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Current Exhibits

Traveling Exhibit

Backstage Pass: The Early Years of Rolling Stone
June 15 - August 11

Immortalized by writers, filmmakers, and musicians from Stephen King to Dr. Hook and the Medicine Show, the cover of Rolling Stone magazine has embodied generations of popular culture. For artists, the cover is a coveted career achievement, and for many readers, it represents a fantasy realm of the rock-n-roll lifestyle. In the 1960s and 70s, Rolling Stone provided a national voice to the counter-culture movement, and gave readers unprecedented access to musicians before the days of personal branding. Backstage Pass: The Early Years of Rolling Stone explores how the lens of one artist’s camera captured and helped define one of the most important eras in rock-n-roll history.

Learn about the history of Rolling Stone magazine and view a collection of Little Joe y la Familia artifacts. Hailing from Temple, Texas, Little Joe Hernandez pioneered a new brand of Tejano music from the latter 20th century to the present. Come see Grammy Awards, Gold Records, musical instruments, and photos that memorialize the historic career of this Bell County icon!

Permanent Display

Passport Through Time

Housed in our historic 1904 Carnegie Library, this exhibit guides visitors through the unique and varied history of Bell County.

Passport Through Time examines the historical journey of Bell County by focusing on its people, places, and historical events. The exhibit portrays Bell County's unique place in Texas history, and its close relationship to the early peoples of Central Texas, rugged spirit of the West, and links to state and national history.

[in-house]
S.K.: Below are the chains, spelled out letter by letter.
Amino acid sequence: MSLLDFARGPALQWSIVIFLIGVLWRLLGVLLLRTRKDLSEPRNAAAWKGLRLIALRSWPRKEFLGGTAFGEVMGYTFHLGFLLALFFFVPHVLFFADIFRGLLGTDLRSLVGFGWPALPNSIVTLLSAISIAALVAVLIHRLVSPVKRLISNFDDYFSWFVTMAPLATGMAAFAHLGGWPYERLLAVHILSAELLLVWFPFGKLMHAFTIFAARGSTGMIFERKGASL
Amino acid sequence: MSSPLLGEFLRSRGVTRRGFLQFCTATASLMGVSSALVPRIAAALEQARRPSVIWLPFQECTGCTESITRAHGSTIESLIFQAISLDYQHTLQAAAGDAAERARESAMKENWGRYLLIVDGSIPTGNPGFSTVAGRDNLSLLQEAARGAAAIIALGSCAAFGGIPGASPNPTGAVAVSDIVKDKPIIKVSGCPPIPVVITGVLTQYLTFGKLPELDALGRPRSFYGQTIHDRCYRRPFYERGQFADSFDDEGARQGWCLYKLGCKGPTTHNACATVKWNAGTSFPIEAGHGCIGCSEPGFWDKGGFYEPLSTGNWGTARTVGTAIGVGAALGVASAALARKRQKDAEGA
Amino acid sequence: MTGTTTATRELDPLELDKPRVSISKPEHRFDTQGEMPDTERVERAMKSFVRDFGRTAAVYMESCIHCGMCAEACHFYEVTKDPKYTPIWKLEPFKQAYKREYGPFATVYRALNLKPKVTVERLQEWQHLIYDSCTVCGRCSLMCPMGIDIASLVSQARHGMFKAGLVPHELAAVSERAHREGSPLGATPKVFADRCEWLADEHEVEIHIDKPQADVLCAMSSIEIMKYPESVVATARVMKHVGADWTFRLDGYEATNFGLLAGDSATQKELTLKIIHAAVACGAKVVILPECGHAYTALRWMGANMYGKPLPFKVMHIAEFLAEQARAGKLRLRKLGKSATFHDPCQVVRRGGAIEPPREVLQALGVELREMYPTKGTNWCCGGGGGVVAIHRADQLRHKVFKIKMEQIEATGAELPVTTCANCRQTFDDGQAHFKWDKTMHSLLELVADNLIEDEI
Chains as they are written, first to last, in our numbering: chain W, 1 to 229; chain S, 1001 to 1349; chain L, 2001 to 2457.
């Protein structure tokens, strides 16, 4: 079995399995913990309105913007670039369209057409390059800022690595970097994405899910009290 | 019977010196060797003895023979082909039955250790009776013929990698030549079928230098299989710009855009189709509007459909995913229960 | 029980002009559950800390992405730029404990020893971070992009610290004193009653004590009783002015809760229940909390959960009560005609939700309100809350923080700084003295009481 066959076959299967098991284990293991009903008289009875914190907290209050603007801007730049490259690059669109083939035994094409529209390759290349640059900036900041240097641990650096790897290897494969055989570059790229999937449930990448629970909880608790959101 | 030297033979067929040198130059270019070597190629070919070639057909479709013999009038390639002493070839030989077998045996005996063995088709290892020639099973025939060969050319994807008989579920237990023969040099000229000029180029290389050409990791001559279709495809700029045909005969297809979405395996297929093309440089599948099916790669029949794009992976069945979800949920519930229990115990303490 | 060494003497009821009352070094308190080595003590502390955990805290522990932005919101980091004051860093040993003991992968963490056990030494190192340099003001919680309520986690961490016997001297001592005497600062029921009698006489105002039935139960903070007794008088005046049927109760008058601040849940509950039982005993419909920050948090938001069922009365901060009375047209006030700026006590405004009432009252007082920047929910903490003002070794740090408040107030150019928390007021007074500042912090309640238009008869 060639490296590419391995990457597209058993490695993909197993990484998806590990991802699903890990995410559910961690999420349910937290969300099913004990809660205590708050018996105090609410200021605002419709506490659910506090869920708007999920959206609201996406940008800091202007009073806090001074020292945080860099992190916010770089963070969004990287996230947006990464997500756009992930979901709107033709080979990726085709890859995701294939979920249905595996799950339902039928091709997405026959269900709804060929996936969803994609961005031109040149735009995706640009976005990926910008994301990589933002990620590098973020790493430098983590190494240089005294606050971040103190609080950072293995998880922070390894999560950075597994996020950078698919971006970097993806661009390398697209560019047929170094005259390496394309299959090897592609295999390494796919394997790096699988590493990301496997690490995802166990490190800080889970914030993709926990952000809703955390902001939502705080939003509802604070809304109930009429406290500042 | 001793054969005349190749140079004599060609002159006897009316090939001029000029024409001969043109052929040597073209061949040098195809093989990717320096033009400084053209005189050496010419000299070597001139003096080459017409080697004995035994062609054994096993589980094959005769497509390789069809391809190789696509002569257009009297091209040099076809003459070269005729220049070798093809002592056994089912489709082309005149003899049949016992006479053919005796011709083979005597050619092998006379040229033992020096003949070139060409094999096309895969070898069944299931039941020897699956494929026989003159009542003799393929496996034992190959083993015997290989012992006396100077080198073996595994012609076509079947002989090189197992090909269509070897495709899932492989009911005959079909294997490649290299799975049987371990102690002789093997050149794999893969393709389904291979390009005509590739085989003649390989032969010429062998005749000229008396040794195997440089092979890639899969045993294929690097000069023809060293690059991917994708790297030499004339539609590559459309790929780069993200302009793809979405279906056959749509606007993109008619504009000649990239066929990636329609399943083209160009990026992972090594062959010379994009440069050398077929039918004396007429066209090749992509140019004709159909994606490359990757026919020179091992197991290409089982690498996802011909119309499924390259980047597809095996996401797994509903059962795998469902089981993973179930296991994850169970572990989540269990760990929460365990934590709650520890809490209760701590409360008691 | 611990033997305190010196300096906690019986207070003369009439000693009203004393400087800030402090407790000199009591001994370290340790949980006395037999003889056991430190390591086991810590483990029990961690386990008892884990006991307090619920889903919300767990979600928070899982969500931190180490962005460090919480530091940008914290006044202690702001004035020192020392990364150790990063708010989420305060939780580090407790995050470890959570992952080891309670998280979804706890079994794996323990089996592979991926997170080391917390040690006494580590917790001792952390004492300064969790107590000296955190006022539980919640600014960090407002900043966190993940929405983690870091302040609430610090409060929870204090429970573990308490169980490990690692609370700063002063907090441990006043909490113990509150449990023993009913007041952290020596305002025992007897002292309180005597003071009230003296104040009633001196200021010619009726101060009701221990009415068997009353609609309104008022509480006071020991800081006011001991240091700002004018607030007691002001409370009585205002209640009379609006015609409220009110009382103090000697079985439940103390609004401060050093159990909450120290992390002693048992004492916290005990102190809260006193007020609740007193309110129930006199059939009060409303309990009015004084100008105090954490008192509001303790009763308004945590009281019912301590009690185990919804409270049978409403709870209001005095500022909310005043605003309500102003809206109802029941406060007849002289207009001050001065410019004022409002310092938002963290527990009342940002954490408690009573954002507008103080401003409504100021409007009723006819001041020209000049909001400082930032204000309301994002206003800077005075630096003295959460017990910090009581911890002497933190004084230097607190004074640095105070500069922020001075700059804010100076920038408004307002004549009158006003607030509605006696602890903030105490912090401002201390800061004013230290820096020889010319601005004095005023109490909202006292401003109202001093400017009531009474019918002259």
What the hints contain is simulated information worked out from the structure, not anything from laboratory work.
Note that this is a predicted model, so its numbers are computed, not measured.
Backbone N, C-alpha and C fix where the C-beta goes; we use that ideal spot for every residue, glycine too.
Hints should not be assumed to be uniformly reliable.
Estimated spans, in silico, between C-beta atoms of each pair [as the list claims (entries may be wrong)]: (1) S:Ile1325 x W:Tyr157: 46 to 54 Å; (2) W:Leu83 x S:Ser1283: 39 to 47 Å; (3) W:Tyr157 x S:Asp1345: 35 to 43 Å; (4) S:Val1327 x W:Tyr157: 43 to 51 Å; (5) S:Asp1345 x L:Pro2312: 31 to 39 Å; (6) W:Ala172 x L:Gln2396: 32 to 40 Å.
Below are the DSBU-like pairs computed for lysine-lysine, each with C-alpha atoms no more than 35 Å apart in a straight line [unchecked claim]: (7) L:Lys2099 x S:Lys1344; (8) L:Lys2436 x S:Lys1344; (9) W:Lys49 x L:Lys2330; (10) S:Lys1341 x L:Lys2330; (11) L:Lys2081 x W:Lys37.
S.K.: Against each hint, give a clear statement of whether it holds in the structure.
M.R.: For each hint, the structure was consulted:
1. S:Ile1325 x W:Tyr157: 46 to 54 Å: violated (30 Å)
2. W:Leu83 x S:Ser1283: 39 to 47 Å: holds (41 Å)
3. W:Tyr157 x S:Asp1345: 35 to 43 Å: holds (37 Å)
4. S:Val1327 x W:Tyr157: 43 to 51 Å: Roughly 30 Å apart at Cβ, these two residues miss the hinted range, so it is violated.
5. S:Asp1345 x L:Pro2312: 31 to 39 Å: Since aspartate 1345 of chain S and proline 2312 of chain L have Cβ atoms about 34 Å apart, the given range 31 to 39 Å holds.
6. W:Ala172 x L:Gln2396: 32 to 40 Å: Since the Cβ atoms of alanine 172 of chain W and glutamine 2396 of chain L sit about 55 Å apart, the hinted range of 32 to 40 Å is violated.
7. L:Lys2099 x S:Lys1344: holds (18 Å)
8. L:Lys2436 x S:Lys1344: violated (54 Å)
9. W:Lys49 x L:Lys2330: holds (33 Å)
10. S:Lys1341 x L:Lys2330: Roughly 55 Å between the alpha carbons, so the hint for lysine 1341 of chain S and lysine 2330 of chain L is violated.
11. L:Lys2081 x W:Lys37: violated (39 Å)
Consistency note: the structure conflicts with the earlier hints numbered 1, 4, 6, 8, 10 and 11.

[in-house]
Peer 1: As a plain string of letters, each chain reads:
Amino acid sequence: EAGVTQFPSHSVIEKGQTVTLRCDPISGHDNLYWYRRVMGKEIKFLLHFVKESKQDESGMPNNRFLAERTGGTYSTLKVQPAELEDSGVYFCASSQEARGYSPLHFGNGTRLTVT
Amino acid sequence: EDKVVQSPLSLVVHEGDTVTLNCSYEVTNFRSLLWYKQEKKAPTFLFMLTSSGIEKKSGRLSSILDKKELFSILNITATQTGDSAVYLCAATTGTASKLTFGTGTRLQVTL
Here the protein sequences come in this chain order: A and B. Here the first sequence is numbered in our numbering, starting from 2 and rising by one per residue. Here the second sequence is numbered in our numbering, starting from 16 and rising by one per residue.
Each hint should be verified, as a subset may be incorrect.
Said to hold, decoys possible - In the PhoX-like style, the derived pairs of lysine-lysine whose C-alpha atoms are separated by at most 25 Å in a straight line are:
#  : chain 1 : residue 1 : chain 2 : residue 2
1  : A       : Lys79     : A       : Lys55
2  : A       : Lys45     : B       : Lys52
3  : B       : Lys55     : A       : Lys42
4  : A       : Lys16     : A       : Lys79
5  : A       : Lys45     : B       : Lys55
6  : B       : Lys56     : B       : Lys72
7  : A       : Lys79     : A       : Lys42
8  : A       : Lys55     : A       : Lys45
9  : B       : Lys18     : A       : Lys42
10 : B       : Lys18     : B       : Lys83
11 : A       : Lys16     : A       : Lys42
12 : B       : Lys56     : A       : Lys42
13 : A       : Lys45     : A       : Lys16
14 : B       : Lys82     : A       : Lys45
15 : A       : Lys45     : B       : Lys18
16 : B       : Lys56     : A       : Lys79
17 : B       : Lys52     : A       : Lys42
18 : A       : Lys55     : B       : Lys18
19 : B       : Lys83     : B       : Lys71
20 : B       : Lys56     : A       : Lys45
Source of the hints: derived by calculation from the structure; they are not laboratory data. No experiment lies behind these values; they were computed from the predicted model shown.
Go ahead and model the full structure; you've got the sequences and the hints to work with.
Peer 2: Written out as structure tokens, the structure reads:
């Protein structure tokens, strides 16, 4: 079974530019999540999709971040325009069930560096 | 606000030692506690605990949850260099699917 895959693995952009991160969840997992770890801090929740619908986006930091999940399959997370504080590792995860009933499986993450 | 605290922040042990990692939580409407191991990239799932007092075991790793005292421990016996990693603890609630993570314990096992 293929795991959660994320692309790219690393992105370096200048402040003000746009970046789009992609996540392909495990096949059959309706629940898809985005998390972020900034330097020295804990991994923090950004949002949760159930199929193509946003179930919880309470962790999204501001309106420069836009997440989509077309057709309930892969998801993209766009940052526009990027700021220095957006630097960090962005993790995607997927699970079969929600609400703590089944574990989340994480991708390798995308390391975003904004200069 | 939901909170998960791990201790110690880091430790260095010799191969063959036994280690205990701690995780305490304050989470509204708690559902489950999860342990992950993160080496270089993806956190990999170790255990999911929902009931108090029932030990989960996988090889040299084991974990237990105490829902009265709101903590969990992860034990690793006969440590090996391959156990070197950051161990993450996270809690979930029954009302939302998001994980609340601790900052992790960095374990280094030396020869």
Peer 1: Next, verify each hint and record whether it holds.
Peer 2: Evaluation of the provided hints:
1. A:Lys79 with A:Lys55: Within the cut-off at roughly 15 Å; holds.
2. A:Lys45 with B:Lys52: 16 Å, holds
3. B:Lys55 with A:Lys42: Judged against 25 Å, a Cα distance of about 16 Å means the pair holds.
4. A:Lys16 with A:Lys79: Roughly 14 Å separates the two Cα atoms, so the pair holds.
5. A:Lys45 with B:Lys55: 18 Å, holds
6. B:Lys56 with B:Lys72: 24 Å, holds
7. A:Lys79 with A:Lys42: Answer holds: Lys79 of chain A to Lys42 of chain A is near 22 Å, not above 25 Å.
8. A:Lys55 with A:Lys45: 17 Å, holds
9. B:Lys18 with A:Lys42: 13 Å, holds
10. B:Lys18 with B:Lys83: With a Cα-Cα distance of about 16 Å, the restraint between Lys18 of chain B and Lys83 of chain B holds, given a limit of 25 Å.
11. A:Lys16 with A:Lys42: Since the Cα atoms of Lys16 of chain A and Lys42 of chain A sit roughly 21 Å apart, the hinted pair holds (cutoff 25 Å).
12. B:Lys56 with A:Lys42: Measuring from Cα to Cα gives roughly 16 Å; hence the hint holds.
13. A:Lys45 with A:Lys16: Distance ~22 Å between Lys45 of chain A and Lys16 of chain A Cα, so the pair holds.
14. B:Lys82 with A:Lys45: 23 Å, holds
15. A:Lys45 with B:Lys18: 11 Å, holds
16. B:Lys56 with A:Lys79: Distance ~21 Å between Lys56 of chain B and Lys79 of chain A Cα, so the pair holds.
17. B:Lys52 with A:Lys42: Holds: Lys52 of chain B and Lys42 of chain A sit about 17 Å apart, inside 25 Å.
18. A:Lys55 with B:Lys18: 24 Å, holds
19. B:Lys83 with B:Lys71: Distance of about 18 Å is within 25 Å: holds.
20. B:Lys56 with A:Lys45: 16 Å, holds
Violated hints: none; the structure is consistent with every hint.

Passport Through Time was awarded a Certificate of Commendation from the American Association for State and Local History.
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The Gault Site: A Wealth of New Archaeological Evidence

This permanent exhibit includes large murals, discovery drawers, microscopes and the film, "The Gault Project: An Adventure in Time," funded by the Texas Historical Foundation.

The Gault Site has been home to human beings for over 13,000 years. It is strategically located in the Balcones Ecotone, the boundary zone of the Edwards Plateau and the Black Prairie/Coastal Plain Ecozone. The analysis of materials at the Gault Site provides archaeologists with a unique look into the lifestyles of the earliest people in Texas and, by extension, the earliest peoples in the Americas.

This exhibit also features an interactive dig pit, chalkboard for cave drawings, discovery drawers, and more!
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Little River Log Cabin

The Little River Log Cabin was built in the 1850s near Little River/Academy, the area of earliest Anglo settlement in Bell County. The cabin features half-dovetail notching, and was originally a “single-pen,” or one-room house, with side-facing gables.

In 1995, Grant and Jeanny Smith purchased the cabin and had it dismantled by Salado artist Lonnie Edwards. In 2001, the Smiths donated the cabin to the Bell County Museum.

The cabin is not the original size, nor are all of the stones and logs placed in their original positions. However, the logs and stones are original to the 1850s cabin. It can be seen from the museum exterior, or by tour groups. Ask staff about scheduling a tour!

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